How to Make a Solitary Bee House

How to Make a Solitary Bee House

Earlier this year The Atkinson hosted a free workshop to make a Solitary Bee Home and talk about the importance of solitary and bumble bees and what we can do to protect them. Over 35 people attended and made their own Bee Home to take away with them.

Why is it important to provide homes/ suitable nesting sites?

Bees are a very diverse group. When we think of bees in the UK, we often think of the social honeybee and bumblebees but there are lots of different lifestyles and nesting habits. Around 275 bee species live in Britain, including just one honeybee and 27 bumblebee species. The vast majority are solitary bees.

Solitary bees form an integral part of pollination networks and therefore we need to try to help protect and conserve these vital species. Making a suitable home for them to nest in is one way you can help.


How to make a Solitary Bee Home

  • You will need a frame and lots of suitable nesting tubes to fill the cavity within.
  • In our workshop the frames were made by our resident beekeeper Andrea of B4biodiversity in a A-frame style out of scraps of wood. However, you can use anything from an old bin, fruit box, tube, can etc (avoid plastic or other non-breathable materials).
  • Please note if you are making your own bee home or buying one make sure the nesting tunnels are at least 15cm long. Also check that the tubes are smooth, free of splinters and will not damage their wings as they emerge. If you have bought one check that it is of good quality. If you are making one then you can use good quality bamboo, paper straws, crafting tubes made out of strong cardboard. Trim them back so they don’t hang out the front.
  • Aim to have a variety of diameter nesting tubes as this will attract a range of different species. Provide holes of between 2-10mm in diameter. Too wide and bees won’t use them.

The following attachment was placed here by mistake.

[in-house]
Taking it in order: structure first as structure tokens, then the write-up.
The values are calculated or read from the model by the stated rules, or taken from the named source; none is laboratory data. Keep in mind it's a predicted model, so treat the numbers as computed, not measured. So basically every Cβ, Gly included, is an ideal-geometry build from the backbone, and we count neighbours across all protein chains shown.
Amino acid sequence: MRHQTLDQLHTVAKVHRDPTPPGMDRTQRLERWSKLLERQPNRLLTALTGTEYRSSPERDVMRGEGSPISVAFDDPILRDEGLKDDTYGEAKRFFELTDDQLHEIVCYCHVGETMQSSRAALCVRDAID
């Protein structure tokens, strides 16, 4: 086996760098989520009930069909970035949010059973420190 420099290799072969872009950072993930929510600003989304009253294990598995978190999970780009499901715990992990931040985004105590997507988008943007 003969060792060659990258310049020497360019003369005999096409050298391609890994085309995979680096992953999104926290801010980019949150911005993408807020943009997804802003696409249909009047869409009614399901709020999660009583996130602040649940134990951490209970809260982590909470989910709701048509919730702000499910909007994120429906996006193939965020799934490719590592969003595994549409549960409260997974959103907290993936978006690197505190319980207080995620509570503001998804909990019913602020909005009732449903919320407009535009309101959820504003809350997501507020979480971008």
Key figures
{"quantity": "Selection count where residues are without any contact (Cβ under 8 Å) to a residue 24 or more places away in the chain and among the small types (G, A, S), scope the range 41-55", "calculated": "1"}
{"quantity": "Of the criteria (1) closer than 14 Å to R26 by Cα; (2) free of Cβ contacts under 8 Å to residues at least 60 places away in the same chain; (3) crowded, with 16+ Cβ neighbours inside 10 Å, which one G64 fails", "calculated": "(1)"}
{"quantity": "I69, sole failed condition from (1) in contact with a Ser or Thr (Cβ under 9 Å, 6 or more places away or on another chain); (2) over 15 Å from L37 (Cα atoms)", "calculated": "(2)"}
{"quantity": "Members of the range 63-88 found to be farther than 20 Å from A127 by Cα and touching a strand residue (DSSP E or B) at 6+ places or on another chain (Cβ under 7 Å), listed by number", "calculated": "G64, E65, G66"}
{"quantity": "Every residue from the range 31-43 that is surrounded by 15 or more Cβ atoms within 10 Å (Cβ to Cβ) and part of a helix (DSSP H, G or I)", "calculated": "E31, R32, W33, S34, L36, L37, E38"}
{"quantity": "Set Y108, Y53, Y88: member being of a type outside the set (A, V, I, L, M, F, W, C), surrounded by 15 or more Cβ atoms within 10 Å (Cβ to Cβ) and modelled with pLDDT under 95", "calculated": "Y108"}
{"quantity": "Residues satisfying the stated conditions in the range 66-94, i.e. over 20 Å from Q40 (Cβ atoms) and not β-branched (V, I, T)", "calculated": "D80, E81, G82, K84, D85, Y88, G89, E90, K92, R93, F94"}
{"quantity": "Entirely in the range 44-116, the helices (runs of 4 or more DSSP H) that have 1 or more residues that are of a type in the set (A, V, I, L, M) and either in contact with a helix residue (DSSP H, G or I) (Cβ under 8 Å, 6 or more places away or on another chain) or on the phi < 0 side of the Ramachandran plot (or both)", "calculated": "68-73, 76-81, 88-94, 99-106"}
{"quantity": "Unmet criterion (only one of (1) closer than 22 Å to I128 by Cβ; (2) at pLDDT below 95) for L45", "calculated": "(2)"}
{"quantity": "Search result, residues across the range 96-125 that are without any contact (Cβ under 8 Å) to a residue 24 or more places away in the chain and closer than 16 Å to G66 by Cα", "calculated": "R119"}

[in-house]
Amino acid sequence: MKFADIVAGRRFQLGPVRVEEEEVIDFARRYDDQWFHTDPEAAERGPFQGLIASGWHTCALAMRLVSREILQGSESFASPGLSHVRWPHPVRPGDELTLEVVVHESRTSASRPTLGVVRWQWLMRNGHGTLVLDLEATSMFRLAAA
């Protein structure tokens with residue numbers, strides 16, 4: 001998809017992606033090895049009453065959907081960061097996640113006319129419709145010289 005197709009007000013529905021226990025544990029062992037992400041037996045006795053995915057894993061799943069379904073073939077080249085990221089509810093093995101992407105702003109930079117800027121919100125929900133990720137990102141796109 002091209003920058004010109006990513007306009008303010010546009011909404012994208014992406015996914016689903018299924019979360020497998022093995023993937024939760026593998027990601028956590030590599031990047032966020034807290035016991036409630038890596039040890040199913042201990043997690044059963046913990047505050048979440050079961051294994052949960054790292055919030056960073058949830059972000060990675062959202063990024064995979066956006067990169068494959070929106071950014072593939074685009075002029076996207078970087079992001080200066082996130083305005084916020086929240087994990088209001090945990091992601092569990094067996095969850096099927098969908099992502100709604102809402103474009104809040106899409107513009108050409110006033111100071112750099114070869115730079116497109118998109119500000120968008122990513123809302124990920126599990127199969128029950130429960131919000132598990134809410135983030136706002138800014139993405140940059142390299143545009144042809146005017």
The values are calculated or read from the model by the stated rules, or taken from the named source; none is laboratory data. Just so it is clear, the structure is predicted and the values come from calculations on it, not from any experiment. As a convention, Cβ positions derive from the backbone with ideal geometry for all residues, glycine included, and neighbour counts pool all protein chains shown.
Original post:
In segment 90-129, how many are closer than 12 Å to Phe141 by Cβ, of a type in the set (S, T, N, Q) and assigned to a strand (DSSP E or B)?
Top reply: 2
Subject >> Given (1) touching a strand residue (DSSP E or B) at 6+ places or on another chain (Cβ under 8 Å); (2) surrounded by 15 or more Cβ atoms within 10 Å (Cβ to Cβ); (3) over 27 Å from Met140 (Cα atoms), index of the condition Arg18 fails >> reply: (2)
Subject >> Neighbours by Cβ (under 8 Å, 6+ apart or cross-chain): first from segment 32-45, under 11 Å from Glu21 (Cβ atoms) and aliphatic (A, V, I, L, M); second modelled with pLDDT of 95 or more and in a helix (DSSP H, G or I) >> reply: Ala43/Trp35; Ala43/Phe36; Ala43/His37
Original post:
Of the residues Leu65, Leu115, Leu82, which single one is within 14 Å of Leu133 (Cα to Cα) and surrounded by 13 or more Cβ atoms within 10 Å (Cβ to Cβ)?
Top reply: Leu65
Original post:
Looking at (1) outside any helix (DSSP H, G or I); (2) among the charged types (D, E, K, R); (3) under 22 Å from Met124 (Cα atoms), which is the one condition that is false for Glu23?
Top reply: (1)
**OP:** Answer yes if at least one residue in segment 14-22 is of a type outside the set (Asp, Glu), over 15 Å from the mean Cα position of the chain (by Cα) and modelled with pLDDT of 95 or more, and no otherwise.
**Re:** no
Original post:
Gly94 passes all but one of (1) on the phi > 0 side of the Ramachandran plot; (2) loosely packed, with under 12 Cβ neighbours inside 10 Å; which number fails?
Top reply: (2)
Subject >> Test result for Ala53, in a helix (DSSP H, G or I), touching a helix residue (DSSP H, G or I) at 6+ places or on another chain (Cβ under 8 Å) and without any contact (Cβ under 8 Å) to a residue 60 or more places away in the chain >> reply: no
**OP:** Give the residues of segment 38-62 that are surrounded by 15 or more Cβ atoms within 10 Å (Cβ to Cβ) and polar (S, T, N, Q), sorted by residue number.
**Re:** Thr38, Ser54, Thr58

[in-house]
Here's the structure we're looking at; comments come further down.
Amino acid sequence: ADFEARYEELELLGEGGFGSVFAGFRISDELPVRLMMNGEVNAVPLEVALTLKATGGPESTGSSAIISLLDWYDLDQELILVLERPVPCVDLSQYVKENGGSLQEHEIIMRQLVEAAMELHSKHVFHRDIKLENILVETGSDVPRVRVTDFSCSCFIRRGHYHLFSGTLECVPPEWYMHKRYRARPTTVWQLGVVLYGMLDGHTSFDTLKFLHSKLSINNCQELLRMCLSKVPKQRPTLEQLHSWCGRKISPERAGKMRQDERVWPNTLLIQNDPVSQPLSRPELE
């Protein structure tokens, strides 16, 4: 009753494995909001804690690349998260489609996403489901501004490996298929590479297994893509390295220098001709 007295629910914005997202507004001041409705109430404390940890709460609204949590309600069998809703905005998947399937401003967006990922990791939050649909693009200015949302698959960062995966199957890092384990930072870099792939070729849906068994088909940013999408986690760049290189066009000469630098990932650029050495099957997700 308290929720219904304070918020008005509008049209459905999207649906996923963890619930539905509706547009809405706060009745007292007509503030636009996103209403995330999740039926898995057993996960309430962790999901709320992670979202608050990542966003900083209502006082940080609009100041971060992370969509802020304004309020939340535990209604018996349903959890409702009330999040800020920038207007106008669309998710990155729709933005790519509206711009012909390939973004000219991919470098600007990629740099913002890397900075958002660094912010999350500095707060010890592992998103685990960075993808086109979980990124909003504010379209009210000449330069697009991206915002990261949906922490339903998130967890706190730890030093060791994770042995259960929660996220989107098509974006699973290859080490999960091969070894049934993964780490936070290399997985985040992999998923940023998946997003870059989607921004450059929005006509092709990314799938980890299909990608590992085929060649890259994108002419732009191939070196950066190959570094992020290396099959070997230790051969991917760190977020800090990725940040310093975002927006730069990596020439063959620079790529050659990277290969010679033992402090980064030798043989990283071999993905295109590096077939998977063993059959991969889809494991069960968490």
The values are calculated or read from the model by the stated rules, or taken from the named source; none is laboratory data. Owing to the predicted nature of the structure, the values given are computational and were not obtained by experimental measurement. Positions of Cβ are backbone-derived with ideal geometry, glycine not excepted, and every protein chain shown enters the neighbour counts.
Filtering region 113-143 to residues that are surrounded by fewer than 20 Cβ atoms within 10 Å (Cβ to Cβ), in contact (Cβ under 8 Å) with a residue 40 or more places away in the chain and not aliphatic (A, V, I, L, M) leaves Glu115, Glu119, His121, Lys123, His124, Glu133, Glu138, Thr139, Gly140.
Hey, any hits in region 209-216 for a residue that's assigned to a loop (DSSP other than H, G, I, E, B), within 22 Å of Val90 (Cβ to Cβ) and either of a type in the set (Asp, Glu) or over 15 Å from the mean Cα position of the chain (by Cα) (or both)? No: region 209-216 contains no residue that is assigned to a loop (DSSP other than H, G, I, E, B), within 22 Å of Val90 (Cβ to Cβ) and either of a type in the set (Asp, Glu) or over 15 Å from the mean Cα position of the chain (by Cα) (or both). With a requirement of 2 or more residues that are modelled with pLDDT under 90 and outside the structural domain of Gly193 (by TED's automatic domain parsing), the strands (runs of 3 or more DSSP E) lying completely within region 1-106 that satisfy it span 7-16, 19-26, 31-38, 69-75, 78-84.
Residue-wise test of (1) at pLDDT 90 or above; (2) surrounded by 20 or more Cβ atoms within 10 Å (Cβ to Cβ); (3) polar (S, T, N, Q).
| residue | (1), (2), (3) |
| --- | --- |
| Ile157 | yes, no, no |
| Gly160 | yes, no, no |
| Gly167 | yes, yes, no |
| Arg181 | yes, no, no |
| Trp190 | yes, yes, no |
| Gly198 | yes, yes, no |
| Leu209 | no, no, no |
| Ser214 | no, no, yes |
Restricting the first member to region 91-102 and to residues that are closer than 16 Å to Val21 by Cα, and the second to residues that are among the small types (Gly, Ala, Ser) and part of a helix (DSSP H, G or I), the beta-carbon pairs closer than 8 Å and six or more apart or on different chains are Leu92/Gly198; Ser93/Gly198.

• Nesting tunnels and tubes should have a solid back. Bees will not use nesting tubes which are open at both ends.
  • Ideally the bee home will have a small overhang to prevent nesting tubes becoming damp.
  • Don’t use plastic straws or containers. These won’t look nice and the plastic will encourage damp leading to fungus and mould which can destroy eggs and larvae.

Where to put your Bee Home

To maximise the chances of your solitary bee home being occupied, careful siting is important.

  • Position your nest box in full sunshine so facing South East is ideal
  • Place the nest box at least 1 metre from the ground but ensure you can see it to enjoy seeing the bees using it
  • You can place your nest box near plants but ensure that no vegetation will obscure the entrance or create too much shade
  • Position the nest box in a stable, fixed position that will not sway in the wind or be easily knocked or dislodged. 

    How to tell if your Bee Home is occupied

If you notice that the ends of the tubes are plugged with mud, leaves, resin or fine plant hairs, then you know you have guests. Different bee species use different materials for their nests and multiple types may use your beehome at the same time.

Written by a volunteer. Working in co-operation with B4 Biodiversity.

Posted on 24 April 2023 under At Home Activities, Bees

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